Herman Feshbach : what it meant to be a physicist in the twentieth century
Author(s)Becerra, Juana C
What it meant to be a physicist in the twentieth century
Massachusetts Institute of Technology. Department of Physics.
MetadataShow full item record
This thesis is a biographical snapshot of physicist Herman Feshbach (1917-2000). Herman Feshbach was a nuclear physics that spent over three-quarters of his life at the Massachusetts Institute of Technology. His life is a window through which I analyze the changes experienced by the physics community throughout World War II and the postwar era. The events that I narrate are centered in New York, where Feshbach's early life unfolds, and in Cambridge, Massachusetts, where Feshbach matured as a scientist. There are two recurring themes throughout this work.The first theme deals with the ways in which politics, wartime, and government funding place strains and provoke change in scientific practices. The second theme pertains to how scientists accommodate to the aforementioned strains, either through open political activism or changes within scientific institutions. Herman Feshbach's life is an excellent example of how these themes weave into each other, making the boundary between science and society more permeable and porous than it is usually presented.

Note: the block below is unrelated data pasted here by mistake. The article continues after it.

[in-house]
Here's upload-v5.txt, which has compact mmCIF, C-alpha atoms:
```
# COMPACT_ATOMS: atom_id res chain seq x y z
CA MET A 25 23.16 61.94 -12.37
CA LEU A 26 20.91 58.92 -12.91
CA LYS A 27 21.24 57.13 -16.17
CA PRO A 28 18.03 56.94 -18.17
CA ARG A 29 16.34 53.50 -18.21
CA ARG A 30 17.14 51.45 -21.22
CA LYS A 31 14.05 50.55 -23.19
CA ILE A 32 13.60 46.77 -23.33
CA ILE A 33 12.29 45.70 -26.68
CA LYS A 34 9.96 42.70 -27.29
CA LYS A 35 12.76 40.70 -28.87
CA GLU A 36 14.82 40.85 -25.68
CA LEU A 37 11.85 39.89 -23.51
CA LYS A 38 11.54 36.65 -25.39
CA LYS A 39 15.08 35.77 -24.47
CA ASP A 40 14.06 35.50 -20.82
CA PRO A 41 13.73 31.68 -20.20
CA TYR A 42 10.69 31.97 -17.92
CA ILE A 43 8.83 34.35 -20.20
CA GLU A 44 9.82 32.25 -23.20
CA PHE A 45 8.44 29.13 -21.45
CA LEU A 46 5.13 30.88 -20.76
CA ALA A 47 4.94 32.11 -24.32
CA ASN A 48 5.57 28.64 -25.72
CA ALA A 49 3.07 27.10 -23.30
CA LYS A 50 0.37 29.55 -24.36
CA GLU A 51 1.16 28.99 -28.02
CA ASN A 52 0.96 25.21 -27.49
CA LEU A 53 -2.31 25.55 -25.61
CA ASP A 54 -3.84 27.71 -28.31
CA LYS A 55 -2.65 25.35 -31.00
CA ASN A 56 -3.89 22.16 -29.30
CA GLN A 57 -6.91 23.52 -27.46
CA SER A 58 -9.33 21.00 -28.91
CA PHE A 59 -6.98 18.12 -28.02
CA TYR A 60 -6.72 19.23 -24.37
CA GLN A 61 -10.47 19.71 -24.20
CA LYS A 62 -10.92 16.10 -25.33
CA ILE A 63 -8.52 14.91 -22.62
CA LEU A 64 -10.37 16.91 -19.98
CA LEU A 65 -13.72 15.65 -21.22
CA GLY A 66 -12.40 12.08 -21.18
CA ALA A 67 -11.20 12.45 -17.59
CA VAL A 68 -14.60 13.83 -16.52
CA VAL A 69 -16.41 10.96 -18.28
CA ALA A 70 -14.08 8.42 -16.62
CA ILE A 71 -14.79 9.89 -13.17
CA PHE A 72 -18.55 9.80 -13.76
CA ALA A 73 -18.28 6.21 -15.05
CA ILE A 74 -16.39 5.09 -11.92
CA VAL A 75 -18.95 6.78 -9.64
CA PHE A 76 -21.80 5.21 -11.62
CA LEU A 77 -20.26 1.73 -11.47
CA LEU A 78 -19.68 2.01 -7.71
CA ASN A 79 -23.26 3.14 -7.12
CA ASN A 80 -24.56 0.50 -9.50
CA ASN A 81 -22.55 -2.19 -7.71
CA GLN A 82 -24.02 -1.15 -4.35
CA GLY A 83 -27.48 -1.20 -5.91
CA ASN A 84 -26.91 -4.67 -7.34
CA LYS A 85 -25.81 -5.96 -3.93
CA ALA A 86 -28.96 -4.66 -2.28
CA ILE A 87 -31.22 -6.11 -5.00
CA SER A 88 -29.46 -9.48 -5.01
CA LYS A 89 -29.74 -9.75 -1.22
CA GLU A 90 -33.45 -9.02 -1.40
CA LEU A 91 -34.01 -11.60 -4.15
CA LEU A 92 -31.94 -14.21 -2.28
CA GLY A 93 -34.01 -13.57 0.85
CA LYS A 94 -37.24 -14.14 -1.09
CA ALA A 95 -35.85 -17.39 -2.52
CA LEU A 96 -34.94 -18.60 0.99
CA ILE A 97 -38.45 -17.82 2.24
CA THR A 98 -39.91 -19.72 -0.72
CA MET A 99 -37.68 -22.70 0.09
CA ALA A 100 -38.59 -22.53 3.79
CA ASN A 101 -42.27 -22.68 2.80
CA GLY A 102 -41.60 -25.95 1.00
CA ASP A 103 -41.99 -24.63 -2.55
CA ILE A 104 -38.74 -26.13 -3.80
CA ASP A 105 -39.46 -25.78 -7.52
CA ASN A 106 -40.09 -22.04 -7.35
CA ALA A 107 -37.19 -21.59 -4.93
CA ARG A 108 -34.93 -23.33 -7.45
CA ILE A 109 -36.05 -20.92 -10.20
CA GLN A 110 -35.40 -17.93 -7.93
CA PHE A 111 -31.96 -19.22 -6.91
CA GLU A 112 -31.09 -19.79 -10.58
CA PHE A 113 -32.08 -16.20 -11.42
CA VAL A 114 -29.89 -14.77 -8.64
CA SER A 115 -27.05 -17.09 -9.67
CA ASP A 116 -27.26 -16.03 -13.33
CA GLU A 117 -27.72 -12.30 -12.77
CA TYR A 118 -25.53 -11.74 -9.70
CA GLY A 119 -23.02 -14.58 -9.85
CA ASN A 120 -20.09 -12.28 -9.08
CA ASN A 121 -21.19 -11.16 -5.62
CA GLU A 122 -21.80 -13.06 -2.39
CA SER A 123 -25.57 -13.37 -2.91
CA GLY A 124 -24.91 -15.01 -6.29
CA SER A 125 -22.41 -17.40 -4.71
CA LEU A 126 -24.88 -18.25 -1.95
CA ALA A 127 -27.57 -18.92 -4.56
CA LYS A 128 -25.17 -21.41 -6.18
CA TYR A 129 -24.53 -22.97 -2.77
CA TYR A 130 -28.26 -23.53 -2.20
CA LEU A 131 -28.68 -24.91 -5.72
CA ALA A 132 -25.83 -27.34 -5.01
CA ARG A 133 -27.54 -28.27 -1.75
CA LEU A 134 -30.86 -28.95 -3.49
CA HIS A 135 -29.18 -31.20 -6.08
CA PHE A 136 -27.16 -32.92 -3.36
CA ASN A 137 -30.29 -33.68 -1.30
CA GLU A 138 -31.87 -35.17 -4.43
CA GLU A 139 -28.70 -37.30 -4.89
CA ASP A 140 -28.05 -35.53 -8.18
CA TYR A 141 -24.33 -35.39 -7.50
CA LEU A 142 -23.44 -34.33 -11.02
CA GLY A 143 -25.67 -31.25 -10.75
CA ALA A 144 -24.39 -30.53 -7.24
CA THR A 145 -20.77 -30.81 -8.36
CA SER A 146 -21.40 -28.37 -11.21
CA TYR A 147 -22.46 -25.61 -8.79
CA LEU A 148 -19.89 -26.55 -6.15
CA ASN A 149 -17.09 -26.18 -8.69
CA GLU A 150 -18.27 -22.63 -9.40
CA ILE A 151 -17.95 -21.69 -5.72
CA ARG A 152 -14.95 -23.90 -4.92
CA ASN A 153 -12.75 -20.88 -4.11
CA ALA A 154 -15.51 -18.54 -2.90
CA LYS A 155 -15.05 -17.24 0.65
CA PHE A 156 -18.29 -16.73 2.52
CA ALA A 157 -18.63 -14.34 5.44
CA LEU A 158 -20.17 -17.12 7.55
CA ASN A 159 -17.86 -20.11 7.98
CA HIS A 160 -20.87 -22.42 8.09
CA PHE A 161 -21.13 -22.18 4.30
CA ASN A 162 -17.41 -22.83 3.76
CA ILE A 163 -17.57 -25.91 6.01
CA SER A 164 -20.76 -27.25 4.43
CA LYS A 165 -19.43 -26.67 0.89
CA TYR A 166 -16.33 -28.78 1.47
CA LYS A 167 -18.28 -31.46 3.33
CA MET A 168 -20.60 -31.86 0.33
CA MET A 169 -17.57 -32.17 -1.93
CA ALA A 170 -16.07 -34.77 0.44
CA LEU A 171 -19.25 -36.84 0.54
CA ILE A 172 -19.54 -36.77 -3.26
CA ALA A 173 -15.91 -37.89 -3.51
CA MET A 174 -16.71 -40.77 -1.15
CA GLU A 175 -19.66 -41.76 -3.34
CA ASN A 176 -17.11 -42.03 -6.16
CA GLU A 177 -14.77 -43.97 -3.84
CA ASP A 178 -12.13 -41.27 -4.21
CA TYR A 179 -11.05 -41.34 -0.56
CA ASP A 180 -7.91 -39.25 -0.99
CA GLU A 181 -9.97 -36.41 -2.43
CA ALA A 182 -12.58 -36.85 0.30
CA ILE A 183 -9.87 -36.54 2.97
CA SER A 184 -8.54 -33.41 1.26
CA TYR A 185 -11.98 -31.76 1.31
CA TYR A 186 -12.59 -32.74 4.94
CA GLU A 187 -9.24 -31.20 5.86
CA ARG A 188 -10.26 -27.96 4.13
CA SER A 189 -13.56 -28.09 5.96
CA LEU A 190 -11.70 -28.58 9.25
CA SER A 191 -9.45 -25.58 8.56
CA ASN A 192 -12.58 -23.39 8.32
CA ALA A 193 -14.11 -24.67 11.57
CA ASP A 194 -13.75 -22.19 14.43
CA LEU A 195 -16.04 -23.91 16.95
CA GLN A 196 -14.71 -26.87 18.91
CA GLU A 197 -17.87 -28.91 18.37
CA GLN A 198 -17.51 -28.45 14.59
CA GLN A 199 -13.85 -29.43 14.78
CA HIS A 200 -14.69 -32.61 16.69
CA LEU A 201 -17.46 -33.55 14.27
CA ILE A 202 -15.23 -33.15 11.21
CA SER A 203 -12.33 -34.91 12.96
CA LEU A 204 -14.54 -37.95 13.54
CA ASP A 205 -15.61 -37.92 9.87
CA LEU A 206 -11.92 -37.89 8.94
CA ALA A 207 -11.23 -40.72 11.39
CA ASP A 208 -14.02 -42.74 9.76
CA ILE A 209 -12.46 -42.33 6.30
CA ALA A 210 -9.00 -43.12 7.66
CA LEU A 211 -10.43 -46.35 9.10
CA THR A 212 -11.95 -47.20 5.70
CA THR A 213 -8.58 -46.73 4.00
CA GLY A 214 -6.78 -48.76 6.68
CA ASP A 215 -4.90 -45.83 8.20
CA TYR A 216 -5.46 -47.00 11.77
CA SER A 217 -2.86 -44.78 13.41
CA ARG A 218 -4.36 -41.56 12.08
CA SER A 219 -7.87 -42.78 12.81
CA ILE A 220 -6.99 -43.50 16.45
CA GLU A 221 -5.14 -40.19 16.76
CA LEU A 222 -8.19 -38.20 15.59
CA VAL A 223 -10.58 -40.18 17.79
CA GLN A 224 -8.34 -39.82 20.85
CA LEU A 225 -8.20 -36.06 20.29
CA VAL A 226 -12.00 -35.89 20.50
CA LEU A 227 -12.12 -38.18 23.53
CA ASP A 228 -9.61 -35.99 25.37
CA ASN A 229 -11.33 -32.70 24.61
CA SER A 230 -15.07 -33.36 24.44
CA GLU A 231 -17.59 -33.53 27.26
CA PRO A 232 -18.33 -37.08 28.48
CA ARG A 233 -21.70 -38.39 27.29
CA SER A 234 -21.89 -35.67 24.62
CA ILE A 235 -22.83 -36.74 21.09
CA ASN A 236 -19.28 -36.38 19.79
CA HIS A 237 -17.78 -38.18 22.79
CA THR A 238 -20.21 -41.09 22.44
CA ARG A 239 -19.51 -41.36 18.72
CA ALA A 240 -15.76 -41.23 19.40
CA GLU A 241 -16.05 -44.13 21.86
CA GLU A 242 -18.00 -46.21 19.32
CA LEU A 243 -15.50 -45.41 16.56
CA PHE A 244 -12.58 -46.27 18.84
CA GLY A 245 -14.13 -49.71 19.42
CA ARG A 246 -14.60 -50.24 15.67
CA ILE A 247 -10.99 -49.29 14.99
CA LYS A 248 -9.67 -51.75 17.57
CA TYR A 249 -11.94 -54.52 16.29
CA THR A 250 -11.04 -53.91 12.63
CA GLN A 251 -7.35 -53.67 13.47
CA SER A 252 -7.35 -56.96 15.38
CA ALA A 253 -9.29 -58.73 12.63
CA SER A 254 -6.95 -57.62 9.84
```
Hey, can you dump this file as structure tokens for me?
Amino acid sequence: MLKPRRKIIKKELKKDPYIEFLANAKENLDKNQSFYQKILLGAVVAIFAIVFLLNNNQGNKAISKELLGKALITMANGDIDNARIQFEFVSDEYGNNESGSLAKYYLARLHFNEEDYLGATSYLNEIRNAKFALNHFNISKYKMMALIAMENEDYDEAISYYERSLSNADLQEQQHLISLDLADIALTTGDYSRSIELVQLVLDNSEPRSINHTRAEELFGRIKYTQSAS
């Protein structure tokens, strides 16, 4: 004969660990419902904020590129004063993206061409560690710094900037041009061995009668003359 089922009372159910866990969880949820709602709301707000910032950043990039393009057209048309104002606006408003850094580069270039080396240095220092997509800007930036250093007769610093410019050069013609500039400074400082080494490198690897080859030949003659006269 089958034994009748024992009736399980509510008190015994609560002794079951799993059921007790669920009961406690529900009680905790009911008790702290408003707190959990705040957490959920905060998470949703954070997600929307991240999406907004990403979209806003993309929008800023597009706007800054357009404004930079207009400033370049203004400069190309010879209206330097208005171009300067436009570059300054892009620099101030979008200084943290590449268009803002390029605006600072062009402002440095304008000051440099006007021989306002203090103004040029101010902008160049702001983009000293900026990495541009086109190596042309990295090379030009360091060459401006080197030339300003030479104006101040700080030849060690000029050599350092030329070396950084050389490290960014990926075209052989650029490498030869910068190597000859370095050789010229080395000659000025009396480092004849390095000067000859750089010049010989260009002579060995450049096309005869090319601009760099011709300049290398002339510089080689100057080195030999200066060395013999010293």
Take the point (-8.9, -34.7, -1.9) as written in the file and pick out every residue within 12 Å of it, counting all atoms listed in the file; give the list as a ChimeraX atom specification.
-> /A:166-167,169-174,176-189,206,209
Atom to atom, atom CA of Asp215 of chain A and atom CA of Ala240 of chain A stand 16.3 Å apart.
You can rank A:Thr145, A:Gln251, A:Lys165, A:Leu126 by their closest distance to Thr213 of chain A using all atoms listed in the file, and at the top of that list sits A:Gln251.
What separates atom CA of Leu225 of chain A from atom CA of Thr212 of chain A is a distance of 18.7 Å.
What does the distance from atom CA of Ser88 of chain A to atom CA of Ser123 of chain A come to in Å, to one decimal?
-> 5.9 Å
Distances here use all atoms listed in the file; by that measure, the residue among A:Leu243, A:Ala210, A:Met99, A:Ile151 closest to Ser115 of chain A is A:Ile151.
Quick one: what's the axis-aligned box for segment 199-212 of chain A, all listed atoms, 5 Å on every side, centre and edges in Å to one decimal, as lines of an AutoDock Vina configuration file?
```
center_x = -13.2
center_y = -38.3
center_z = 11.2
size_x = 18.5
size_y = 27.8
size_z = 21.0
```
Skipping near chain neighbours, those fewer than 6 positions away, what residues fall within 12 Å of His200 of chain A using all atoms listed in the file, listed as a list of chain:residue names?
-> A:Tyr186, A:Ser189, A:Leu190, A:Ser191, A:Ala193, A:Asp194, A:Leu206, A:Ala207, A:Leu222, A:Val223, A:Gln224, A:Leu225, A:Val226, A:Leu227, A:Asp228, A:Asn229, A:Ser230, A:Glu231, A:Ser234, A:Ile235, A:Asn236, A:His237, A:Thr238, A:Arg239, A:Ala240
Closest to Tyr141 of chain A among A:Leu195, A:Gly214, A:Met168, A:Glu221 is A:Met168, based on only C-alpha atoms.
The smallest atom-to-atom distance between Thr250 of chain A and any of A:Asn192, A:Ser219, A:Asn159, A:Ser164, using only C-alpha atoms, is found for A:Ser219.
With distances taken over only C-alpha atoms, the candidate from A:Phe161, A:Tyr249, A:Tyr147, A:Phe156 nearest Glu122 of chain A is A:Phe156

Thesis: S.B. in Science, Technology and Society, Massachusetts Institute of Technology, Department of Physics, 2015.Cataloged from PDF version of thesis.Includes bibliographical references (pages 89-92).
DepartmentMassachusetts Institute of Technology. Department of Physics
Massachusetts Institute of Technology